Knowledge is king when dealing with car dealerships. Once you have the actual numbers, you have won the battle.

I have a long history with KIA, and this worked each and every time.
 

scaesare

Well-Known Member
Mar 14, 2013
8,241
13,177
NoVA
800V charging: this is all about reducing current by increasing voltage for the same power delivery. This makes components and wire sizes more manageable. This makes building chargers easier, but has almost nothing to do with how fast cells can charge.

Packs built from individual 4.2v (max) cells are often arranges in a series of 96 groups for 400v packs. Just make that 192 smaller groups of cells and you have a 800V packs. Or with a couple of contactors, rearrange the groups to switch between the two, as apparently this car can.

All of which makes no difference to the individual cell... it sees a voltage within it's 3-4.2v range. What matters to the pack is power delivery. A 75kWh pack receiving 75kW of power (i.e. "1C"), would ideally charge in 1hr (although charge curves near full extend this some). Empty batteries can withstand greater power delivery than full ones, hence the curve.

To achieve 70% additional charge in 18 minutes is only a ~2C on average rate for that time. It would likely be closer to ~3C at the start and 1C or under at the top. Certainly doable with the appropriate thermal management, and 800V wouldn't even be necessary, provided the higher-power 400V chargers were around... but they tend to top out at around 150lW except for Tesla, which have 250kW chargers.
 
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mark95476

Member
Jun 21, 2020
897
474
Bay Area CA
I watched the Mustang video that's circulating around and plugging-in is a two-handed job at Electrified America. :confused:

I haven't actually used a Gen 3 250kW Supercharger, but the cables are supposed to be thinner being water-cooled. I've never had a problem with Gen 2/ 150kW or urban Superchargers.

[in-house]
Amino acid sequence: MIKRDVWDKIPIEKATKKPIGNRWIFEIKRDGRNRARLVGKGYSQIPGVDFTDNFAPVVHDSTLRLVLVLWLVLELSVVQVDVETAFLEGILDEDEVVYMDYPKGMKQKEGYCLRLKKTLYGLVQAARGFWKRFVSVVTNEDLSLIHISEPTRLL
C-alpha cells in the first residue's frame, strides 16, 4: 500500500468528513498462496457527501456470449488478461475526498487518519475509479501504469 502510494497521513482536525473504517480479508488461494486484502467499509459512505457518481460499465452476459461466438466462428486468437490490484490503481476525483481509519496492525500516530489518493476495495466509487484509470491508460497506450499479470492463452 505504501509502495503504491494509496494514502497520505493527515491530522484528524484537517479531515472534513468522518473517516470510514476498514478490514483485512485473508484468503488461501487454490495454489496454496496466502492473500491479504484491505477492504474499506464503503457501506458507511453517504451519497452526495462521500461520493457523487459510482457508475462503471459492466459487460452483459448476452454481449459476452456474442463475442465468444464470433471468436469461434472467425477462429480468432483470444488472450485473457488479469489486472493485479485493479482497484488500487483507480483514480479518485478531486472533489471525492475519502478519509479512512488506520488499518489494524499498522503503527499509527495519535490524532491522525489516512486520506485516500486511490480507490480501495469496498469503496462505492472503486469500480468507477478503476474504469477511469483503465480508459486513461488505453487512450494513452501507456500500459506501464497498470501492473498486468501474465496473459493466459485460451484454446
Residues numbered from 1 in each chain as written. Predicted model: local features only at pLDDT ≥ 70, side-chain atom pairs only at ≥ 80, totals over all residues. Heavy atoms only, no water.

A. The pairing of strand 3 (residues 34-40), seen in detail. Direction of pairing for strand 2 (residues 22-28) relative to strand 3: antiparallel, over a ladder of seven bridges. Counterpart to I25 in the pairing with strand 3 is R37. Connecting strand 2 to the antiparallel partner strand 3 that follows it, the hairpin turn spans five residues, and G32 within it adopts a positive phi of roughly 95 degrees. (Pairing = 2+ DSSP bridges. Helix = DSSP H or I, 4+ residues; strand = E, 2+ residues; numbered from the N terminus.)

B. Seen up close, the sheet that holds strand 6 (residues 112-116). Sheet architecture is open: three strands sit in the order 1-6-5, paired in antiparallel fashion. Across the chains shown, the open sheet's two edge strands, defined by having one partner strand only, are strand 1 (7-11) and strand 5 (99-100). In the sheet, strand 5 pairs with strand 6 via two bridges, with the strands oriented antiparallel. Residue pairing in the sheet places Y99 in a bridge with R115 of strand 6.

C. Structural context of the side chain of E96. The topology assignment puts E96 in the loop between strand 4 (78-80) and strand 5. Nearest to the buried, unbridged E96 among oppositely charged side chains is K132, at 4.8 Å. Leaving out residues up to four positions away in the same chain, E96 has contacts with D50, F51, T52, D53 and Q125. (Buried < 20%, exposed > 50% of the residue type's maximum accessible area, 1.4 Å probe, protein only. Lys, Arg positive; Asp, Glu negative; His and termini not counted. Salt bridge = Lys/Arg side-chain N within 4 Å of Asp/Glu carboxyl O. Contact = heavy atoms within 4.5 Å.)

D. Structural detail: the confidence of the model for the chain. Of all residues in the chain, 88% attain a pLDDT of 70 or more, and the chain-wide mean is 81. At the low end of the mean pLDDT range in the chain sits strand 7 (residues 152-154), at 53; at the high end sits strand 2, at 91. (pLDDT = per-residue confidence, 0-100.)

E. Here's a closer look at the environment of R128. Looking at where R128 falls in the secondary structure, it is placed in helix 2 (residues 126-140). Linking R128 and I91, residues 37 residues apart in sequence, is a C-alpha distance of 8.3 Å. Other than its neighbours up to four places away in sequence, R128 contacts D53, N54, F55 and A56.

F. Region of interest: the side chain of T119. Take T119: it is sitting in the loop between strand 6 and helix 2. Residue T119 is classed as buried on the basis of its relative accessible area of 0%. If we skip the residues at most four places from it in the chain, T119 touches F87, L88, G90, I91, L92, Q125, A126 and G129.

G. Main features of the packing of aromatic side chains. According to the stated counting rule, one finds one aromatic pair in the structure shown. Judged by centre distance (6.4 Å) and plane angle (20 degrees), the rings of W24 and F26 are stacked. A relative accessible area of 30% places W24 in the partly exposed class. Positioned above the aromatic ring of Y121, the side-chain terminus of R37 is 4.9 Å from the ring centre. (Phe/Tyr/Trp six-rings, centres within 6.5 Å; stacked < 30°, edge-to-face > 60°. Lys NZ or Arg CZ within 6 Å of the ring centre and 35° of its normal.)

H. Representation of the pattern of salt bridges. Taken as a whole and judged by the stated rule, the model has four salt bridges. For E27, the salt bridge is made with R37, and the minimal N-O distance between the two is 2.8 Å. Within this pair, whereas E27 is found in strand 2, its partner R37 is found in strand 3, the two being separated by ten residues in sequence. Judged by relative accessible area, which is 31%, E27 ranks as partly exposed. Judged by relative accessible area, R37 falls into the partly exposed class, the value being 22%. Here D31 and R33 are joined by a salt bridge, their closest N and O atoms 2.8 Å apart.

800V charging: this is all about reducing current by increasing voltage for the same power delivery. This makes components and wire sizes more manageable. This makes building chargers easier, but has almost nothing to do with how fast cells can charge.

Packs built from individual 4.2v (max) cells are often arranges in a series of 96 groups for 400v packs. Just make that 192 smaller groups of cells and you have a 800V packs. Or with a couple of contactors, rearrange the groups to switch between the two, as apparently this car can.

All of which makes no difference to the individual cell... it sees a voltage within it's 3-4.2v range. What matters to the pack is power delivery. A 75kWh pack receiving 75kW of power (i.e. "1C"), would ideally charge in 1hr (although charge curves near full extend this some). Empty batteries can withstand greater power delivery than full ones, hence the curve.

To achieve 70% additional charge in 18 minutes is only a ~2C on average rate for that time. It would likely be closer to ~3C at the start and 1C or under at the top. Certainly doable with the appropriate thermal management, and 800V wouldn't even be necessary, provided the higher-power 400V chargers were around... but they tend to top out at around 150lW except for Tesla, which have 250kW chargers.
 

mk677

Member
Feb 10, 2021
307
107
jacksonville fl
I watched the Mustang video that's circulating around and plugging-in is a two-handed job at Electrified America. :confused:

I haven't actually used a Gen 3 250kW Supercharger, but the cables are supposed to be thinner being water-cooled. I've never had a problem with Gen 2/ 150kW or urban Superchargers.
a problem with many EA cables is that they are too short and can be hard to reach the charge port on the car
 

scaesare

Well-Known Member
Mar 14, 2013
8,241
13,177
NoVA
I watched the Mustang video that's circulating around and plugging-in is a two-handed job at Electrified America. :confused:

I haven't actually used a Gen 3 250kW Supercharger, but the cables are supposed to be thinner being water-cooled. I've never had a problem with Gen 2/ 150kW or urban Superchargers.
Yeah, saw that too...hence my comment of making the cables "more" managable... :rolleyes: